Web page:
Literature search strategy
We performed this meta-analysis according to the Cochrane Handbook for Systematic Reviews of Diagnostic Test Accuracy70. Literatures published before September 22, 2019 in Pubmed, Web of Science, EMBASE, the Cochrane Library, and grey literature database including OpenGrey (https://www.opengrey.eu) were searched. The search terms included “Wisteria floribunda agglutinin-positive Mac-2-binding protein or WFA+-M2BP or M2BPGi or Mac-2-binding protein glycosylation isomer” and “fibrosis or cirrhosis” or “hepatocellular carcinoma or liver cancer”.
Inclusion and exclusion criteria
Inclusion criteria were: (1) study objects contained patients with liver fibrosis or hepatocellular carcinoma caused by various etiologies; (2) studies used liver biopsy as gold standard to measure the severity of liver fibrosis; (3) studies used typical imaging techniques and/or histopathology to diagnose HCC; (4) studies employed WFA+-M2BP and may also include APRI, FIB-4, aspartate aminotransferase to alanine aminotransferase ratio (AST/ALT), HA, PLT, FibroScan stiffness value or AFP to predict liver fibrosis or HCC; and (5) data on true-positive (TP), true-negative (TN), false-positive (FP), false-negative (FN) results were reported separately or could be calculated from the article.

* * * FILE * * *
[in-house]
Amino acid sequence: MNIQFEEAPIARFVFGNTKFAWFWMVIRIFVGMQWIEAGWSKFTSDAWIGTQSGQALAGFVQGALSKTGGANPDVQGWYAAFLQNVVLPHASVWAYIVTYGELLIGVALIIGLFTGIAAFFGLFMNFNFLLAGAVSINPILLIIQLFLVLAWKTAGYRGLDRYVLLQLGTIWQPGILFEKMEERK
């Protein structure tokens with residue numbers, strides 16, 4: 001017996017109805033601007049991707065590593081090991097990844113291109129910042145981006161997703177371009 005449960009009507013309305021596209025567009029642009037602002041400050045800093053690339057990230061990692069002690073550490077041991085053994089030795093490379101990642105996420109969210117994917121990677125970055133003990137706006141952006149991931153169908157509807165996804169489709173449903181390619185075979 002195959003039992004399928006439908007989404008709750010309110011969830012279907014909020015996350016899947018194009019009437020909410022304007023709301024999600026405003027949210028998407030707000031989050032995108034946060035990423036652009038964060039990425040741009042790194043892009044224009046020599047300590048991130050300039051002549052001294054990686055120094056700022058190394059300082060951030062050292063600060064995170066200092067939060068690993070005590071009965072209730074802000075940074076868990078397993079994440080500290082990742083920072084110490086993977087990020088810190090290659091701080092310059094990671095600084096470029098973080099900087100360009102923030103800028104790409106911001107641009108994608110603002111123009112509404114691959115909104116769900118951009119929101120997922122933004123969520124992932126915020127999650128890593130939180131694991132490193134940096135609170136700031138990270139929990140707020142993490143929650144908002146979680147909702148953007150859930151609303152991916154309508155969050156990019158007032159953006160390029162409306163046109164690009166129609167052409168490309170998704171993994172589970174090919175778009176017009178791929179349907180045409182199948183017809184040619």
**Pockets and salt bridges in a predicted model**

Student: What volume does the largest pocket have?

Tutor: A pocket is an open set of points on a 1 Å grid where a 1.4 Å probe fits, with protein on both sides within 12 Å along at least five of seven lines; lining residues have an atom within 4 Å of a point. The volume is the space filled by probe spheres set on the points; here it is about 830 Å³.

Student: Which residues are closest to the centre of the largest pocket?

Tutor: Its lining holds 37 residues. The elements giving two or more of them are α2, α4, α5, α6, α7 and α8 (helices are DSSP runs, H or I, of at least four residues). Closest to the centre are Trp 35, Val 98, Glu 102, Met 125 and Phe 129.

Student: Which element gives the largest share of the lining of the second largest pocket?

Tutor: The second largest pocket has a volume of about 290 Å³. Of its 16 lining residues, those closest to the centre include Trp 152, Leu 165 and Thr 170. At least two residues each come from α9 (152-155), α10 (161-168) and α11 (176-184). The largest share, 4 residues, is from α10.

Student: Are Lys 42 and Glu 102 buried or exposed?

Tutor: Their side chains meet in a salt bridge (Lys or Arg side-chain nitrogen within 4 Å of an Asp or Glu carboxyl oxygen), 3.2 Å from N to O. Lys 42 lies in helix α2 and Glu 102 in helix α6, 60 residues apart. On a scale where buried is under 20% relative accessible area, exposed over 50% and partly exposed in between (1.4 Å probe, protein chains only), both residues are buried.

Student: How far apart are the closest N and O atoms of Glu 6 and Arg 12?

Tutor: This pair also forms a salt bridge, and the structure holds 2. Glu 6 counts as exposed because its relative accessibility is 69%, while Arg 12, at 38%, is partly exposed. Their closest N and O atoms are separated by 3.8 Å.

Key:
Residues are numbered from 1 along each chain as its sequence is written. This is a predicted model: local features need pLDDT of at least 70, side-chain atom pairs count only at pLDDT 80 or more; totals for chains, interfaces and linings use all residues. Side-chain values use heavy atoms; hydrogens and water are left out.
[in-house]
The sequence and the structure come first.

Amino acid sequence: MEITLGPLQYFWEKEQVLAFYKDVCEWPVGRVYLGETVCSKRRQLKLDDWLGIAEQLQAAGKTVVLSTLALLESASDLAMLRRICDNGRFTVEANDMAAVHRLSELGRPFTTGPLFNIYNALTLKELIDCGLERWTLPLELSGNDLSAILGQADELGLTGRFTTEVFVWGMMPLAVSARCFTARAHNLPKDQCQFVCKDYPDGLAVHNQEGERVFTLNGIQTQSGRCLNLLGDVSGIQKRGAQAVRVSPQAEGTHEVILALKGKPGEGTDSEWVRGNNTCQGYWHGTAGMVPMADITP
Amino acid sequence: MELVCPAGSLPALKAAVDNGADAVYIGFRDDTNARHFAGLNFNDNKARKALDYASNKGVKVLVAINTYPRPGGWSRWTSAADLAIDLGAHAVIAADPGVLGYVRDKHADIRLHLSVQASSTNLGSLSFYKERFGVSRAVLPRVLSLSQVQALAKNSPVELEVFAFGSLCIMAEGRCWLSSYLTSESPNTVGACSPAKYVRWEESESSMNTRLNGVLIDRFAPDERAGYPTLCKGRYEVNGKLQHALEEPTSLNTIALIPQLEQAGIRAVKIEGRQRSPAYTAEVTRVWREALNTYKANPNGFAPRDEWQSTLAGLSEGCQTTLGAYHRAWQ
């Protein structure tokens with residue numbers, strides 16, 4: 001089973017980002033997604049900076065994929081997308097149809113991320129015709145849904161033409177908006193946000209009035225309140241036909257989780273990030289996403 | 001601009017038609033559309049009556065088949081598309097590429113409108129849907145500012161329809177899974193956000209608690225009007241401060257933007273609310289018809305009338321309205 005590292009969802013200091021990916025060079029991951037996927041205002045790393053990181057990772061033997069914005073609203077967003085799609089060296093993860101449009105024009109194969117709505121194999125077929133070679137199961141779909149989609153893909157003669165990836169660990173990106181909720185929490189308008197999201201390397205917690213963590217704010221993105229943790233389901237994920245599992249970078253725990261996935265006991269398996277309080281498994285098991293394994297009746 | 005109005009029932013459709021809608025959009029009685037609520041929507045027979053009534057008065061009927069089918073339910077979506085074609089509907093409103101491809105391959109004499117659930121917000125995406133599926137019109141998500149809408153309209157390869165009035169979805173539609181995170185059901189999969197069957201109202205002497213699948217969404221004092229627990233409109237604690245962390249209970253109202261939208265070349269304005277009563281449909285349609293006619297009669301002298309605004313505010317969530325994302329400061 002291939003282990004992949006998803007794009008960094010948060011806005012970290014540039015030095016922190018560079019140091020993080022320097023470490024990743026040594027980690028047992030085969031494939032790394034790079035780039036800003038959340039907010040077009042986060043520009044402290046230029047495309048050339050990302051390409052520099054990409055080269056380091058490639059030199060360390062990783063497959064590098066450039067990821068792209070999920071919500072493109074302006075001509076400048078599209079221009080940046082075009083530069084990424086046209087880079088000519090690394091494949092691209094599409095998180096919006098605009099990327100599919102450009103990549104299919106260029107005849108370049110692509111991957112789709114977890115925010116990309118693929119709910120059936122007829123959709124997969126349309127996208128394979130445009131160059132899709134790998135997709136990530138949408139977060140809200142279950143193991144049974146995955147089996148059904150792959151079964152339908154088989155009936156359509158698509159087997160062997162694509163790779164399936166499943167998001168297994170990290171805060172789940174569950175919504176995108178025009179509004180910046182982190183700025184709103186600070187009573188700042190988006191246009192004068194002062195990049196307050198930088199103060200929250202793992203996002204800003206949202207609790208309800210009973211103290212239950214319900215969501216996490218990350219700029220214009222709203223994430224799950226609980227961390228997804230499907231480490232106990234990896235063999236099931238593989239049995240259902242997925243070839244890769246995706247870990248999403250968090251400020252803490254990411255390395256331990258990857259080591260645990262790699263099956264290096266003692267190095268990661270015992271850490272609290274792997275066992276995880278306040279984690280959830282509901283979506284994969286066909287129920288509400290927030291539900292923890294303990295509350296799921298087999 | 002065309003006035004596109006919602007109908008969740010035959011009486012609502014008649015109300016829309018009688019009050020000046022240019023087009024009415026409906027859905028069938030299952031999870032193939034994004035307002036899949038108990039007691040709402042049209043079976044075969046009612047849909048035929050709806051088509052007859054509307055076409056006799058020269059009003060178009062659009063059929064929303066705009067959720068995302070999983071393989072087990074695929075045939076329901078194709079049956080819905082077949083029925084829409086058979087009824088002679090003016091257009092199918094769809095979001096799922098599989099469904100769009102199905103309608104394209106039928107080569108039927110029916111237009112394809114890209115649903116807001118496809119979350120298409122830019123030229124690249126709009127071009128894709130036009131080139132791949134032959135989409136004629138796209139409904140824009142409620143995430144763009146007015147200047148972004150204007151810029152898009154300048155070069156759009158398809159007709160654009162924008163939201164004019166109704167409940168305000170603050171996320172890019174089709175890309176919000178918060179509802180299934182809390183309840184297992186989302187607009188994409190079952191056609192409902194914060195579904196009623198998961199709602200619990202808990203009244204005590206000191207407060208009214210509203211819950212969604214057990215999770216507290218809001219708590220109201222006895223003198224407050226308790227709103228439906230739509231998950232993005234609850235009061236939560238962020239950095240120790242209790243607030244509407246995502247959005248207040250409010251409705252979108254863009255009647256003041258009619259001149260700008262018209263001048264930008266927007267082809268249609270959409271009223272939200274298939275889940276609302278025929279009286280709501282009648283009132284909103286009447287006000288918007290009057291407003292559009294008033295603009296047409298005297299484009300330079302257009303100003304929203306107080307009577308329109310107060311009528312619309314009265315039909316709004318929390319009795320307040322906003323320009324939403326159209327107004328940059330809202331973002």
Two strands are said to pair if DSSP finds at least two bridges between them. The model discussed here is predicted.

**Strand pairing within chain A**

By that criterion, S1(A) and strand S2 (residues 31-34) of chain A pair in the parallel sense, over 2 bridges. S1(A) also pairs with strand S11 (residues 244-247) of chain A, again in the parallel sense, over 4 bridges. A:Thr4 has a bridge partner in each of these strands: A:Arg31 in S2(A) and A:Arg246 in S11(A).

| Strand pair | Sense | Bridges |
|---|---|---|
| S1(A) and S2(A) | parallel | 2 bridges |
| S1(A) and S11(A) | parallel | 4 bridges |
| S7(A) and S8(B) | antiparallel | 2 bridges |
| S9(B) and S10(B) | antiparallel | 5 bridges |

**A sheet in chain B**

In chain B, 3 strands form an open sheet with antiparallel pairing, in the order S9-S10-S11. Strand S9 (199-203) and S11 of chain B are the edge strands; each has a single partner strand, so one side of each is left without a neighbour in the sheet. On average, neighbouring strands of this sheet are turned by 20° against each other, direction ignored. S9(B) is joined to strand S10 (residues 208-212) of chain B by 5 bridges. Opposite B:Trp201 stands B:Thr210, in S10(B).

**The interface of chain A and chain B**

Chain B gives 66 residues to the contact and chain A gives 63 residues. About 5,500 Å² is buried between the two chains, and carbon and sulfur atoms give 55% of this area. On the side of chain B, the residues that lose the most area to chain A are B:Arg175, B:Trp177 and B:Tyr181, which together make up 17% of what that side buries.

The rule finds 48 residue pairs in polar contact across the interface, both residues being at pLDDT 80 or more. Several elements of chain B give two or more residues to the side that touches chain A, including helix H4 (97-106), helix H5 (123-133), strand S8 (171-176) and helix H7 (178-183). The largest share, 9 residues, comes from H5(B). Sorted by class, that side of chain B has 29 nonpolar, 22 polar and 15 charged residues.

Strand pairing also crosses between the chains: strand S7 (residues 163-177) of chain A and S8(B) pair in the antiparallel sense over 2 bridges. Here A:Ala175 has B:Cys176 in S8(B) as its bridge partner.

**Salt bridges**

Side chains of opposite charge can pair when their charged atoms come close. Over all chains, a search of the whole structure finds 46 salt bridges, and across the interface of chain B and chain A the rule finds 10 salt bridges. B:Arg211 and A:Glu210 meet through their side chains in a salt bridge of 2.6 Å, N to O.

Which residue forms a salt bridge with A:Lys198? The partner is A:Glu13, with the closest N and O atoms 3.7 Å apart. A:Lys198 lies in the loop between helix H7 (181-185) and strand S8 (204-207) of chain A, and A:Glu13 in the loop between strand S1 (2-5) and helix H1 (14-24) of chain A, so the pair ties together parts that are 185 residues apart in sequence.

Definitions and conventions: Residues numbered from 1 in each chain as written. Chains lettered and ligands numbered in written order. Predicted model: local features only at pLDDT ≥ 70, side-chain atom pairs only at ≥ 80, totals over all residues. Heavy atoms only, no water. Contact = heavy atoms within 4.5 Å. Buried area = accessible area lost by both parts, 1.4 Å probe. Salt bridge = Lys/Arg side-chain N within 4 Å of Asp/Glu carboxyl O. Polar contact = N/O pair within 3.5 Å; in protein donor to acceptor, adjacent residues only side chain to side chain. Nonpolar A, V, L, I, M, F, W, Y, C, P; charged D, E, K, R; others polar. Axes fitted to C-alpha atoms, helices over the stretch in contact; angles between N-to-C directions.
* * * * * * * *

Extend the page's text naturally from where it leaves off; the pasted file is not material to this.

Studies as follows were excluded: (1) duplicate studies; (2) non-experimental studies such as reviews, letters, clinical trials, correspondences, comments, case reports, and patents; (3) studies published in a language other than English; (4) non-human subjects; or (5) the relevant data were inaccessible or unclear.